Data from each included article were extracted, and risk of bias was assessed. The evidence was qualitatively synthesized, a conclusion statement was developed and the strength of the evidence (grade) was assessed using pre-established criteria, including evaluation of the quality and risk of bias, quantity, consistency, magnitude of effect and generalizability of available evidence.

Findings

  • This evidence review includes 17 studies, 15 cross-sectional and two longitudinal studies that examine the association between multidimensional or multiple proxy measures of acculturation and dietary intake in Latino/Hispanic and Asian populations
  • In adults of Latino/Hispanic national origin, evidence from nine cross-sectional analyses suggests that higher acculturation to the United States is associated with lower adherence to recommended dietary patterns: 
    • Among adults of Latino/Hispanic national origin, primarily women and those of Mexican origin, higher acculturation is consistently associated with lower fruit and vegetable intake, as well as higher intake of fast foods
    • In children and youth of Latino/Hispanic national origin, emerging evidence from two cross-sectional studies suggests an association between acculturation and diet behaviors. A study with three-year-olds to five-year-olds (proxied by caregiver acculturation) indicated an association with higher sweets intake and a study among adolescents, indicated an association with higher intake of fast foods.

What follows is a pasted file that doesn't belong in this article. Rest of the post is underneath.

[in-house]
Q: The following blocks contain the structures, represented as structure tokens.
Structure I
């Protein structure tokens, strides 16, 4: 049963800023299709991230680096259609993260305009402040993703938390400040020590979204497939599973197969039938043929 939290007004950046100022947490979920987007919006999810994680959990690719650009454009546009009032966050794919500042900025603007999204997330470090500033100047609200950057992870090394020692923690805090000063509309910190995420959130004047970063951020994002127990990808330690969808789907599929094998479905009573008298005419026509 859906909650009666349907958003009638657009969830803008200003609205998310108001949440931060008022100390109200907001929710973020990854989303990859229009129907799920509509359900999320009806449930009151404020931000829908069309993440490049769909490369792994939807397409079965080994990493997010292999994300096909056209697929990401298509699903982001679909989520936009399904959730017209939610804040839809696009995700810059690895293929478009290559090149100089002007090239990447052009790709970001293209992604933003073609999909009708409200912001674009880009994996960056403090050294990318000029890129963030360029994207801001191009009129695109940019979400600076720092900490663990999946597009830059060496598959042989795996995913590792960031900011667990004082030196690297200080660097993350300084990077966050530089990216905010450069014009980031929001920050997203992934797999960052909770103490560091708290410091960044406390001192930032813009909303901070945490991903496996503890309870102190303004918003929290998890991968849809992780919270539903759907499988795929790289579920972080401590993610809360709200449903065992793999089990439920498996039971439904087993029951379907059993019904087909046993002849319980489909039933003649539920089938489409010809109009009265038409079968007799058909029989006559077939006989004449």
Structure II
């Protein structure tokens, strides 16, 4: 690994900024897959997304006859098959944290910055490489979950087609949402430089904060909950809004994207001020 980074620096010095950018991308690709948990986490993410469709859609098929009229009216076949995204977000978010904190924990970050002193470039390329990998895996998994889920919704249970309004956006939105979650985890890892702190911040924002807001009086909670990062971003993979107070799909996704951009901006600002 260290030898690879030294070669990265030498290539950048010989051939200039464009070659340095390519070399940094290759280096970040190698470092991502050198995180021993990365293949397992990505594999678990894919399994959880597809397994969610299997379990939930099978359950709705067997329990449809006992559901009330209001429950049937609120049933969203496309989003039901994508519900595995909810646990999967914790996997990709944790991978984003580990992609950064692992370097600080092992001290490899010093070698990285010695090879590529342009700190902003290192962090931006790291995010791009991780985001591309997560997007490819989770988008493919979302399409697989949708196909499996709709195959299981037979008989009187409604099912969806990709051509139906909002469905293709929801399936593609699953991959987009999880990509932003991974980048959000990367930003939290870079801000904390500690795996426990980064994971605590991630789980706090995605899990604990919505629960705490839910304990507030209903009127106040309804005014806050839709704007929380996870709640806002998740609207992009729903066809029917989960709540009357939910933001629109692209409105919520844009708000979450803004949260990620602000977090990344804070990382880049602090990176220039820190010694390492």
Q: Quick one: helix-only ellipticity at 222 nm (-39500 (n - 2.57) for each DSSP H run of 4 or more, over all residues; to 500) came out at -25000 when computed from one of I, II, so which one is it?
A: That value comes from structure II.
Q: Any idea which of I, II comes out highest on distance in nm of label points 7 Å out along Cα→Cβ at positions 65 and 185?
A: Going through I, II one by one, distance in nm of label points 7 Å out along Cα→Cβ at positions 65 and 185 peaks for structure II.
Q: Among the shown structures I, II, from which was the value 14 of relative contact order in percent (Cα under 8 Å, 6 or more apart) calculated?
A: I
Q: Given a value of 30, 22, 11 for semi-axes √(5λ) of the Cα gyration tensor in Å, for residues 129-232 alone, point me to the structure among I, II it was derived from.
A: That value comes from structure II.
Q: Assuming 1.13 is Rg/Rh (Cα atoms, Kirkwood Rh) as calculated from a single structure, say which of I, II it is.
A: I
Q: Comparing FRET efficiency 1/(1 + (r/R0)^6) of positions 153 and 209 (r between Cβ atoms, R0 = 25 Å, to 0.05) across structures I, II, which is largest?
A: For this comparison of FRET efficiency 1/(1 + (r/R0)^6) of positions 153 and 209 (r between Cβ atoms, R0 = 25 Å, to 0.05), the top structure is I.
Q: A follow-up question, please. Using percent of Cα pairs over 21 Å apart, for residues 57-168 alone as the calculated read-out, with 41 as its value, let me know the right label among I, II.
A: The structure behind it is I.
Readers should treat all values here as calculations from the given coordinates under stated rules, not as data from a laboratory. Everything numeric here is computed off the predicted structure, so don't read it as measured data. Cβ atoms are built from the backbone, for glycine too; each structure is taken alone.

• Among Asian populations, emerging evidence from five cross-sectional and two longitudinal studies suggest that higher acculturation to the United States is associated with lower adherence to recommended dietary patterns:
    • In adults, six studies among Asian populations (mainly Korean, Chinese and Filipino) suggest higher acculturation is associated with higher fast food and alcohol consumption
    • One study suggests higher acculturation is associated with increased fast food consumption among Asian adolescents.
  • Insufficient evidence is available among children, those of Latino/Hispanic national origin (other than Mexican-Americans), and among immigrant populations from Asia, Africa, Europe, and the Middle East regarding the association between measures of acculturation and dietary intake.

Limitations

  • The preponderance of the evidence is from cross-sectional studies, thus causality inferences cannot be made and it is unknown whether the relationship changes over time
  • Acculturation measures differed substantially across studies and very few studies used multidimensional acculturation scales

References

1. Abraido-Lanza AF, White K, Vasques E. Immigrant populations and health. In: Anderson N, editor. Encyclopedia of Health and Behavior. Newbury Park, CA: Sage; 2004: p. 533-537.

2. Perez-Escamilla R. Food insecurity in children: impact on physical, psychoemotional and social development. In: Ross CA, Caballero RJ, Cousins RJ, Tucker KL, Ziegler TR, editors. Modern Nutrition in Health and Disease. Baltimore, MD: Lippincott Williams & Wilkins; 2013: p. 1006-15.